The Luxembourg so-called 50bis Regime reduces the effective tax rate applicable to income from registered intellectual property and copyright protected software to approximately 5.85%. Following the OECD compromise on IP tax regimes that regime will be phased out: taxpayers eligible on 30 June 2016 will continue to benefit from this measure until 30 June 2021. There is thus still a window of opportunity to bring IP to Luxembourg and to benefit from the regime for another 5 years, especially if the migration takes place before 1 January 2016.

What is the 50bis Regime about ?

At the end of 2007, the Grand-Duchy of Luxembourg introduced a beneficial tax regime applicable to income from qualifying intellectual property rights. On the basis of this regime, which is embedded in Article 50bis to the Income Tax Act 1967 (the "50bis Regime"), Luxembourg undertakings and Luxembourg branches of foreign companies can benefit from an exemption of 80% on revenues derived from and capital gains realized on patent, trademark, design and domain name rights as well as from copyrights on software, to the extent that such rights have been established or acquired after 31 December 2007. The exemption brings the effective tax rate for such revenues to approximately 5.85%.

BEPS

IP box regimes in several EU Member States including Belgium, Hungary, France, Ireland, Luxembourg, the Netherlands, Spain and the UK were criticised for not requiring sufficient substantial activities and presence for the tax benefits to apply.

Therefore, a common set of rules for IP tax regimes has been elaborated at the level of the OECD in the setting of the Base Erosion and Profit Shifting (“BEPS”) initiative. These rules are laid down in the Final BEPS Report - Action 5 "Countering Harmful Tax Practices More Effectively, Taking into Account Transparency and Substance” and foster the so-called “nexus” approach. Following this approach the benefits under an IP tax regime are conditional on the extent of the R&D activities pursued by the beneficiaries of this regime in the country concerned. The current regimes should be closed to new participants as of 1 July 2016 and taxpayers benefitting from the current regimes before that date will be able to continue to do so until 30 June 2021.

Luxembourg 2016 Budget Act : grandfathering period and enhanced transparency

On 14 October 2015 the Minister of Finance has filed a proposal of the 2016 Budget Act with the Luxembourg Parliament. Fully in line with the BEPS rules, the 50bis Regime will be closed to new entrants by 30 June 2016. However, for taxpayers benefitting from the regime before that date a grandfathering period is foreseen: the 50bis Regime will be maintained during a transition period ending on 30 June 2021.

In order to avoid abuses this grandfathering period is limited to 31 December 2016 if eligible IP has been acquired from a related entity after 31 December 2015, unless the IP was already eligible under the 50bis regime or benefitting from a similar IP regime in another country at the time of the acquisition.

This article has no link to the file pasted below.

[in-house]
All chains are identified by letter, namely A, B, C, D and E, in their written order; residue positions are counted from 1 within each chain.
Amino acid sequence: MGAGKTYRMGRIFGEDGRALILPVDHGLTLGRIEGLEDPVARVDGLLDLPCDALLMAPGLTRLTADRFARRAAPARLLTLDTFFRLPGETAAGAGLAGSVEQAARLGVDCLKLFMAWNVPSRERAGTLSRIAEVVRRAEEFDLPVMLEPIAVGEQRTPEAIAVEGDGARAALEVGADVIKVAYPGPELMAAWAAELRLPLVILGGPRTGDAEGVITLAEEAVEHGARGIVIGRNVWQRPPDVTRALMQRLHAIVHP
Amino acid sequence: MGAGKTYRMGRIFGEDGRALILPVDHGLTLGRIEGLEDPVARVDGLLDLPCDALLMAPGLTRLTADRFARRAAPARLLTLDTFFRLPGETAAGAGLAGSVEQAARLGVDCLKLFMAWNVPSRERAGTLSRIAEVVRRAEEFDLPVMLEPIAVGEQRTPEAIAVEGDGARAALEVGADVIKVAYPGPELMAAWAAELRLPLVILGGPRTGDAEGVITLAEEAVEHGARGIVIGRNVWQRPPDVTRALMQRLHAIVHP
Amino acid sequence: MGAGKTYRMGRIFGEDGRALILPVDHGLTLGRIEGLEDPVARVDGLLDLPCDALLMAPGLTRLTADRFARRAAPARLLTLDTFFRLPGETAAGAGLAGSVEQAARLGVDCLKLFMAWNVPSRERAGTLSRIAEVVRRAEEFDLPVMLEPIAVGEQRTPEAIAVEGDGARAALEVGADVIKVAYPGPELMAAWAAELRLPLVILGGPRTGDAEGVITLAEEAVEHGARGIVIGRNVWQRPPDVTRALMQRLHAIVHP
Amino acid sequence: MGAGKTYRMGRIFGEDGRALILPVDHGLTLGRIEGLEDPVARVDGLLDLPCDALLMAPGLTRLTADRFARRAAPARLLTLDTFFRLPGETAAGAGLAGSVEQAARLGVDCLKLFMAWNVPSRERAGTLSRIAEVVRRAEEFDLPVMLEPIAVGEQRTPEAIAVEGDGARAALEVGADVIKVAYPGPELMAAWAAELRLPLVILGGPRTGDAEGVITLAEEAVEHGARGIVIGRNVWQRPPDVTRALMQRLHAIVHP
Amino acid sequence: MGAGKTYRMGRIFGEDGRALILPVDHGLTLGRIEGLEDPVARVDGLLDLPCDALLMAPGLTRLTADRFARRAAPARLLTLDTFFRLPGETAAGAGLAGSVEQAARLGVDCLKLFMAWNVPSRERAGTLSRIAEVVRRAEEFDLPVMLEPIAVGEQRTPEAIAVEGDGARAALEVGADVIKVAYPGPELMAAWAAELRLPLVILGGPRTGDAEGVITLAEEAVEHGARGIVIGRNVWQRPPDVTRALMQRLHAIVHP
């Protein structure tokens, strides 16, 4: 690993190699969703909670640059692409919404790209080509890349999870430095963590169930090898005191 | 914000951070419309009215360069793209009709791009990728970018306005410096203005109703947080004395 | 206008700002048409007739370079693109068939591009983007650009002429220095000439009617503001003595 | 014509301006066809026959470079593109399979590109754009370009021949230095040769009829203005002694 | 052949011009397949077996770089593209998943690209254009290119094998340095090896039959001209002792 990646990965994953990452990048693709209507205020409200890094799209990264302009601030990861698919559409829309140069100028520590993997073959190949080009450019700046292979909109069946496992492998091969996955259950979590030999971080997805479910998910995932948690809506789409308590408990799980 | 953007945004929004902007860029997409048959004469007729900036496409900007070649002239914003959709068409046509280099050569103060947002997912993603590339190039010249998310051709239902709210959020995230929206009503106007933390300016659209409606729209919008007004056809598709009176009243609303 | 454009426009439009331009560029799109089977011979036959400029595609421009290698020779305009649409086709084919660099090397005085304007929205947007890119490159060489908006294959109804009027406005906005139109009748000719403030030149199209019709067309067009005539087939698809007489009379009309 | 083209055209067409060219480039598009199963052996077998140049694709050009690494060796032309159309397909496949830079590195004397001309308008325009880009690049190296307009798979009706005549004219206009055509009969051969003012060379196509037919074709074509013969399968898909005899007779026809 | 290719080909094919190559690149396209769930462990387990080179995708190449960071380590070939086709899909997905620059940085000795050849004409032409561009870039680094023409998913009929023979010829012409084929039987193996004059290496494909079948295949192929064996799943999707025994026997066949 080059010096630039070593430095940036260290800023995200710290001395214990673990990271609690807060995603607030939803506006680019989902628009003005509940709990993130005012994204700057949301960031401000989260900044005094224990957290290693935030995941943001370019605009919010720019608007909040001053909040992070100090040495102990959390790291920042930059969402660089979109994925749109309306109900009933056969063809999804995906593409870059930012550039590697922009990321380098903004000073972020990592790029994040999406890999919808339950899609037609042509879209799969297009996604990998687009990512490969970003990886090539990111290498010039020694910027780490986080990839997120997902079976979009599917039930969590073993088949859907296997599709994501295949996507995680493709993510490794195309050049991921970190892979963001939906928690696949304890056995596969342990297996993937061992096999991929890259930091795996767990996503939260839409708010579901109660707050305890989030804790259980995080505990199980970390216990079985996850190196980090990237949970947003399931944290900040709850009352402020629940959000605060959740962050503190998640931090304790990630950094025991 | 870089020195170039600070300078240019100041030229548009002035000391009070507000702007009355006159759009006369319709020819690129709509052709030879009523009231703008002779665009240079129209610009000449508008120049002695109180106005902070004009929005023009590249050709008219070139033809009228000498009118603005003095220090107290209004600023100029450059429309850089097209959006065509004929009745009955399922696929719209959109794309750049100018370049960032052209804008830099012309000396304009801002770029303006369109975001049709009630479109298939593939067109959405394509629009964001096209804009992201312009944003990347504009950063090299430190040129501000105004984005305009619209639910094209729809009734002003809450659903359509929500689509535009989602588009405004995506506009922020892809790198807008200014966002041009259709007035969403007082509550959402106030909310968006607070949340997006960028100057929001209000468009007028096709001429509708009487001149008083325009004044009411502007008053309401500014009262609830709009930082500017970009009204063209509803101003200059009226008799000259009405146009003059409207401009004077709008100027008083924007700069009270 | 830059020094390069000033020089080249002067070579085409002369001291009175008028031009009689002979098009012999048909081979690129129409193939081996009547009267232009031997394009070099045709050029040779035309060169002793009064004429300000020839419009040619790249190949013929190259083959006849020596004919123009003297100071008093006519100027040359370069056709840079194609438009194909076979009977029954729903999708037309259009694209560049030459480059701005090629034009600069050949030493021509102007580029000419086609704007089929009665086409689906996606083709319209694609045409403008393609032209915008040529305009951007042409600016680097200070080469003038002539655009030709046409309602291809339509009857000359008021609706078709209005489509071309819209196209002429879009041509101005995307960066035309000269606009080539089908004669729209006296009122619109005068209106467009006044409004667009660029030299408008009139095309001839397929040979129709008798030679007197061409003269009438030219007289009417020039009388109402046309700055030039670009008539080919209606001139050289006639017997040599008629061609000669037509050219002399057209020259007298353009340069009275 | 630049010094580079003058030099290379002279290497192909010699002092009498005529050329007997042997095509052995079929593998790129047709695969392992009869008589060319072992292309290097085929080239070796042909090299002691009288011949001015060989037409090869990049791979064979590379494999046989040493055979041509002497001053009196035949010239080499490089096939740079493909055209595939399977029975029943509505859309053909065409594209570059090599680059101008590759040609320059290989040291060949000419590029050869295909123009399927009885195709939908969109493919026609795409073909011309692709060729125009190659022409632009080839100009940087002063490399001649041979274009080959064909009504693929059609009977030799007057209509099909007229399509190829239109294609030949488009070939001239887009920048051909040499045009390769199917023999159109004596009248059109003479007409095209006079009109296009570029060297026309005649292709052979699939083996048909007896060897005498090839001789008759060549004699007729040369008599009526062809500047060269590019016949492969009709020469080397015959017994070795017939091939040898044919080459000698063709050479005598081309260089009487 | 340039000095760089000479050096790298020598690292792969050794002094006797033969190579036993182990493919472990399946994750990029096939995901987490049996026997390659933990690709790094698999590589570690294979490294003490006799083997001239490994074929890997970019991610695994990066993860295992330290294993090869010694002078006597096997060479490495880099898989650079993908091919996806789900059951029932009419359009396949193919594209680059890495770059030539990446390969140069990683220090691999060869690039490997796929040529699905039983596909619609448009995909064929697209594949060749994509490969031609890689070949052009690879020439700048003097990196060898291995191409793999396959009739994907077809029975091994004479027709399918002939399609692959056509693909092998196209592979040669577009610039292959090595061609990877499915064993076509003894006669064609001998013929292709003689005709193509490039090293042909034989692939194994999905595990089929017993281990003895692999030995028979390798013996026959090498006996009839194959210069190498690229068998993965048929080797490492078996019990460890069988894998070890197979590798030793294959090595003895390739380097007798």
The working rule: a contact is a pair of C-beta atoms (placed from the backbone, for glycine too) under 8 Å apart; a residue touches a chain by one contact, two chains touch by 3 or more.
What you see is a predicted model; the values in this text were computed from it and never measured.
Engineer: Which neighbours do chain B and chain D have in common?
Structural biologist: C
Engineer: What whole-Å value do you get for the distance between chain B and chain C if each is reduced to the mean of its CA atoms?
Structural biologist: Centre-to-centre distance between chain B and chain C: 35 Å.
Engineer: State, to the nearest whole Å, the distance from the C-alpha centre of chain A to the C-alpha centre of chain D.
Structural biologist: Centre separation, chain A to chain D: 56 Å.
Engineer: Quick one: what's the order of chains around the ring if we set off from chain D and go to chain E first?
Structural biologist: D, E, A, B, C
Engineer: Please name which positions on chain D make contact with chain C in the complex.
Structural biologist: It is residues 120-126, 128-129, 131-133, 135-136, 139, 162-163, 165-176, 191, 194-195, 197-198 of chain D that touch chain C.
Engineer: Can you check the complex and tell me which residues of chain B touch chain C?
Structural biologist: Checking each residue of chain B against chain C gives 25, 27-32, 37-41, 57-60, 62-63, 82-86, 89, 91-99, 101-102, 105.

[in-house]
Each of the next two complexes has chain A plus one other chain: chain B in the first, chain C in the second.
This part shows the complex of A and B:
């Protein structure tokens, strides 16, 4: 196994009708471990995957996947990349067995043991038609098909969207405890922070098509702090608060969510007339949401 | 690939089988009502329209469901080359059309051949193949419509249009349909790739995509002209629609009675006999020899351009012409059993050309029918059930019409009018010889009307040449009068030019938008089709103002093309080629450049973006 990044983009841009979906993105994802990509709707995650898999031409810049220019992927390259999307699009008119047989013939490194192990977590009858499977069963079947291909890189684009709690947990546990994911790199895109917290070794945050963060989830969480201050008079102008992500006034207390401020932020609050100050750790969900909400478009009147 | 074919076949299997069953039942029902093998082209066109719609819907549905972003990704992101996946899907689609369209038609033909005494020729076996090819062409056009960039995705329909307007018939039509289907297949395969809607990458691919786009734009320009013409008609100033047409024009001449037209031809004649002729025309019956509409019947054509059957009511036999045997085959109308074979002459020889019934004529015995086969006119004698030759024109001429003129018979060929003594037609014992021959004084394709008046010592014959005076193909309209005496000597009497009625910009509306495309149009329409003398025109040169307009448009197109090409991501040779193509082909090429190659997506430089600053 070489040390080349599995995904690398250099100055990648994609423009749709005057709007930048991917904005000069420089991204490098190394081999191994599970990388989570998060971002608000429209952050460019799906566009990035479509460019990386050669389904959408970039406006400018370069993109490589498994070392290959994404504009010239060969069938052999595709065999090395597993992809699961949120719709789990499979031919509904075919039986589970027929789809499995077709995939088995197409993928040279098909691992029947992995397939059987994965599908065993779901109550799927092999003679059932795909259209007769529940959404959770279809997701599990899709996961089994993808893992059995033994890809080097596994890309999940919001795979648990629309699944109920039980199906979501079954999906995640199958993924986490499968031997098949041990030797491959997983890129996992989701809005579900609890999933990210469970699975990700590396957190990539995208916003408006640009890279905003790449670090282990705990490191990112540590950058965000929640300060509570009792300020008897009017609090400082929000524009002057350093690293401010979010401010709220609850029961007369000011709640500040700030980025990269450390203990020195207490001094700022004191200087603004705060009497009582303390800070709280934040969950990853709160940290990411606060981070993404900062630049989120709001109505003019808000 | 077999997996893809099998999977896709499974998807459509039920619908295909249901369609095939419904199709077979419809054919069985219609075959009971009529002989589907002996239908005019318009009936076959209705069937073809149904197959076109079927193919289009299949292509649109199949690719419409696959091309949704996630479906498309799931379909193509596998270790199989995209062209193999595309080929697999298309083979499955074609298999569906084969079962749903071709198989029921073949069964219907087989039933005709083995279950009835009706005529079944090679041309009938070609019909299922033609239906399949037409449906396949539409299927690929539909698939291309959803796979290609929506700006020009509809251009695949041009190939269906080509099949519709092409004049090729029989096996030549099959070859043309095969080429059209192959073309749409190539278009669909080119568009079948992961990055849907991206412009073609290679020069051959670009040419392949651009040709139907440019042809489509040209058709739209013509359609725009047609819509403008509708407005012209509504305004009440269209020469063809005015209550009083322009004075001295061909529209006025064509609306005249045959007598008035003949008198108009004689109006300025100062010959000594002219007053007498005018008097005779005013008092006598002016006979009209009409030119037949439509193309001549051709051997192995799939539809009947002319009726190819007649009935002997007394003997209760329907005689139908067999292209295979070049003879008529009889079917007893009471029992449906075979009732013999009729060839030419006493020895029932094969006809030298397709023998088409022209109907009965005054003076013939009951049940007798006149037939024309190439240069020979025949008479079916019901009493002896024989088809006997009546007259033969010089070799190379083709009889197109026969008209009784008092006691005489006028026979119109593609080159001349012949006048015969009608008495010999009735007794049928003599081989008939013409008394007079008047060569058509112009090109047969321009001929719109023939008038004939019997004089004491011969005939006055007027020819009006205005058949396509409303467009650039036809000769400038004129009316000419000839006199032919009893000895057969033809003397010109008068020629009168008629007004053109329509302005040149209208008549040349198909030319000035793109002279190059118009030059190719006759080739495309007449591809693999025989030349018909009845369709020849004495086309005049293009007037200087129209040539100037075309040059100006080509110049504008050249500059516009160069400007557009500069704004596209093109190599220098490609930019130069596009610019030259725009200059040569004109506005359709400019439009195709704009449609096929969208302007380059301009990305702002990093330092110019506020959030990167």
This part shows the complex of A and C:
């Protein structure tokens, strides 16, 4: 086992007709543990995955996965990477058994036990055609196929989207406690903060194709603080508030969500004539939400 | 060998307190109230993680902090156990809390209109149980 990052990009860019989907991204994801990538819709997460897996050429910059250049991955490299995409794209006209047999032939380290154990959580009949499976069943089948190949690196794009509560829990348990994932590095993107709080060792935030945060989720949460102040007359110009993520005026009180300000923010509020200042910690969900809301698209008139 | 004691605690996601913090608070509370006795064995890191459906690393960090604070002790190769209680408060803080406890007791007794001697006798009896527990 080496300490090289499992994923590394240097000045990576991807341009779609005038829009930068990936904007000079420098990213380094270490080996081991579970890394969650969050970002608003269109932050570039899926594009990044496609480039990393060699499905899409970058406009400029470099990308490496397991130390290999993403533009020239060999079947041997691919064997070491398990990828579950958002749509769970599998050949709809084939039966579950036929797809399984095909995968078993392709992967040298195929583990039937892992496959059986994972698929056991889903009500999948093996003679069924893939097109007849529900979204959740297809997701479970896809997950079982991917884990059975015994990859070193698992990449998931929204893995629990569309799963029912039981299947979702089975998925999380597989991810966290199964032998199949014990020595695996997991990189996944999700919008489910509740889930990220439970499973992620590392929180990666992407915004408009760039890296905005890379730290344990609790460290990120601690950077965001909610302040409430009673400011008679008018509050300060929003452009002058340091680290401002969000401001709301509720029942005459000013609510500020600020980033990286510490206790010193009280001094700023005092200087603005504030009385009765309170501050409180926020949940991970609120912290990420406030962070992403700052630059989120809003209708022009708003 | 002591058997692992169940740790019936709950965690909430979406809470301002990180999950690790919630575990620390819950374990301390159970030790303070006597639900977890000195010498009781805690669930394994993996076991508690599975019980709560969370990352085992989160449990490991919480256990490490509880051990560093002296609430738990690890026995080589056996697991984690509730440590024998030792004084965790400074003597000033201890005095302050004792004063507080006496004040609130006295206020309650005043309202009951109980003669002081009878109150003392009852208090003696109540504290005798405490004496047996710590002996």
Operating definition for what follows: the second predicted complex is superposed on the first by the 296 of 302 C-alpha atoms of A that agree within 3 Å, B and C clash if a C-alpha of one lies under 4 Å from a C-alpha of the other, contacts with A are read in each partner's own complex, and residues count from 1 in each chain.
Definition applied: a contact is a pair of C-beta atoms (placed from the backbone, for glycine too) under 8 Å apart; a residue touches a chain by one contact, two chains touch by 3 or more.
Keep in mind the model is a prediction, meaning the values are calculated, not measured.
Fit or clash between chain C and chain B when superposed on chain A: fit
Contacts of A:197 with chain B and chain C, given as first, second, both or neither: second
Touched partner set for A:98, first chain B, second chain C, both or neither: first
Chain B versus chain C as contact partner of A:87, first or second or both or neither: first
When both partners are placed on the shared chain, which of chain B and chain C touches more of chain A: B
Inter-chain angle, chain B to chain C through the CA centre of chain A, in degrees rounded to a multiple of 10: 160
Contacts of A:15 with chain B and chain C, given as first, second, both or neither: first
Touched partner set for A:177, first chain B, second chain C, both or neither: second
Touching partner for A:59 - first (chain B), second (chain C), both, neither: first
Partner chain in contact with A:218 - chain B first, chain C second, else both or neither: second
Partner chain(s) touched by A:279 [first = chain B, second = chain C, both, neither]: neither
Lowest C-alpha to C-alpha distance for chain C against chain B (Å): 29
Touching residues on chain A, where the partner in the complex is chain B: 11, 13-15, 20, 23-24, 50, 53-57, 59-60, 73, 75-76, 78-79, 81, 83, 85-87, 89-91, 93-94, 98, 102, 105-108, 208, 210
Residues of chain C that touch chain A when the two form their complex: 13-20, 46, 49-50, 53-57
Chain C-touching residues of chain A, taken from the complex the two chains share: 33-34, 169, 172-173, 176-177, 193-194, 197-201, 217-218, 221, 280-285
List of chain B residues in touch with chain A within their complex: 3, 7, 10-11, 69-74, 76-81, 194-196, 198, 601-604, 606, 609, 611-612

Finally, a spontaneous exchange of information will be organised. IP rights acquired or created after 6 February 2015 will lead to a spontaneous exchange of information of the identity of taxpayers involved and benefiting from the current 50bis Regime. The Luxembourg tax authorities will exchange this information with the tax authorities of the other countries at the latest three months after they received the relevant information or one year after the filing of the tax return.

What's next ?

First of all, the grandfathering arrangement under the 2016 Budget Act makes that the 50bis Regime is still one of the most interesting tax regimes for IP revenues in the Europe Union and will continue to for the next 5,5 years.

Furthermore, for undertakings that already benefit from the regime at this moment, there is no immediate need to restructure their IP holding activities. It may, however, be relevant to consider the impact of the proposed abolishment of the regime on IP that is currently being developed.

In the meanwhile several think thanks are reflecting on other advantages that IP owners could have to keep their IP portfolios in Luxembourg, such as the introduction of a flexible framework for having pledges on or liens over IP.

Finally, on 26 February 2015 the Luxembourg Minister of Finance declared in his reply to a parliamentary question that the 50bis Regime will be replaced by a new regime which would be in line with the internationally agreed “nexus” approach. However, until date the Minister of Finance did not file a law proposal in this respect yet. To be continued.